Regionalism vs. Multilateralism?
Dominique van der Mensbrugghe, Richard Newfarmer and Martha Denisse Pierola
hough few would argue that regionalism is an alternative to multilateralism,the rapid proliferation of regional trade arrangements (RTAs)
contrastsvividly with the slow pace of multilateral liberalization. It is worthwhile,therefore, to assess the projected benefits of both approaches to get a sense of what would happen if the Doha Round should whither on the vine. And, as developingcountries pursue RTAs, it is worth exploring what types of arrangements—andunder what circumstances—produce the greatest benefits.
The major conclusion of the simulations reported here is that developingcountries would be worse off under a complex system of overlapping bilateral andregional agreements: they would suffer losses averaging 0.4 percent in real income(and 1 percent for low-income countries alone). When the simulations are appliedto selected North–South and South–South agreements, the gains obtained aresignificantly lower than those that could be obtained from a multilateral arrangement.All in all, multilateralism produces the most development friendly outcomes.The prospect of obtaining first-mover advantages by signing bilateral tradeagreements with major trading partners before others can do so has been one of the main reasons for preferring regionalism over multilateralism. But the days of first-mover advantages are probably over. The proliferation of RTAs around theworld has already eliminated the possibility of obtaining the quick gains countriessought from regional deals. In addition, the profusion of RTAs is leading to theformation of trading blocs, a scenario in which weak economies can easily bemarginalized.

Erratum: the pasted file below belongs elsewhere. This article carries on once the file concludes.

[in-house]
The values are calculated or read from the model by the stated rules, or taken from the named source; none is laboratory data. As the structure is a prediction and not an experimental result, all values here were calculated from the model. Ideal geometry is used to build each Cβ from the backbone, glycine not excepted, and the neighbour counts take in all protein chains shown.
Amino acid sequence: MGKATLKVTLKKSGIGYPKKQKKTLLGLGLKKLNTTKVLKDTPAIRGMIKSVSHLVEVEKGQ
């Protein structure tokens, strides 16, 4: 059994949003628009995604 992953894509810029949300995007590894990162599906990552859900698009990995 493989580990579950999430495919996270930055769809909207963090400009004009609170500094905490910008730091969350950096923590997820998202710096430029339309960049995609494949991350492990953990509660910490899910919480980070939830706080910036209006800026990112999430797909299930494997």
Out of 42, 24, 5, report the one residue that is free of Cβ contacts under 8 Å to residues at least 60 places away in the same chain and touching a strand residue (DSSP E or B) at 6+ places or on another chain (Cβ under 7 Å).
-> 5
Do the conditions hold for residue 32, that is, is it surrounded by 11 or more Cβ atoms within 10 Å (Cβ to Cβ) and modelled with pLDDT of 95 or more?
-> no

The landscape of national policy strategies: current trends
Since the early 1990s there has been a significant acceleration in the number of RTAs signed around the world. As of January 2005, 312 RTAs had been notified tothe GATT/WTO, 170 of which are currently in force (Crawford and Fiorentino 2005).The increase in the number of RTAs was pronounced after 1993 (figure 1).Crawford and Fiorentino (2005) identified the following trends in the formationof RTAs:•The formation of RTAs is a phenomenon observed across countries. In fact,regionalism is, for an increasing number of countries, the main element of their trade policy.313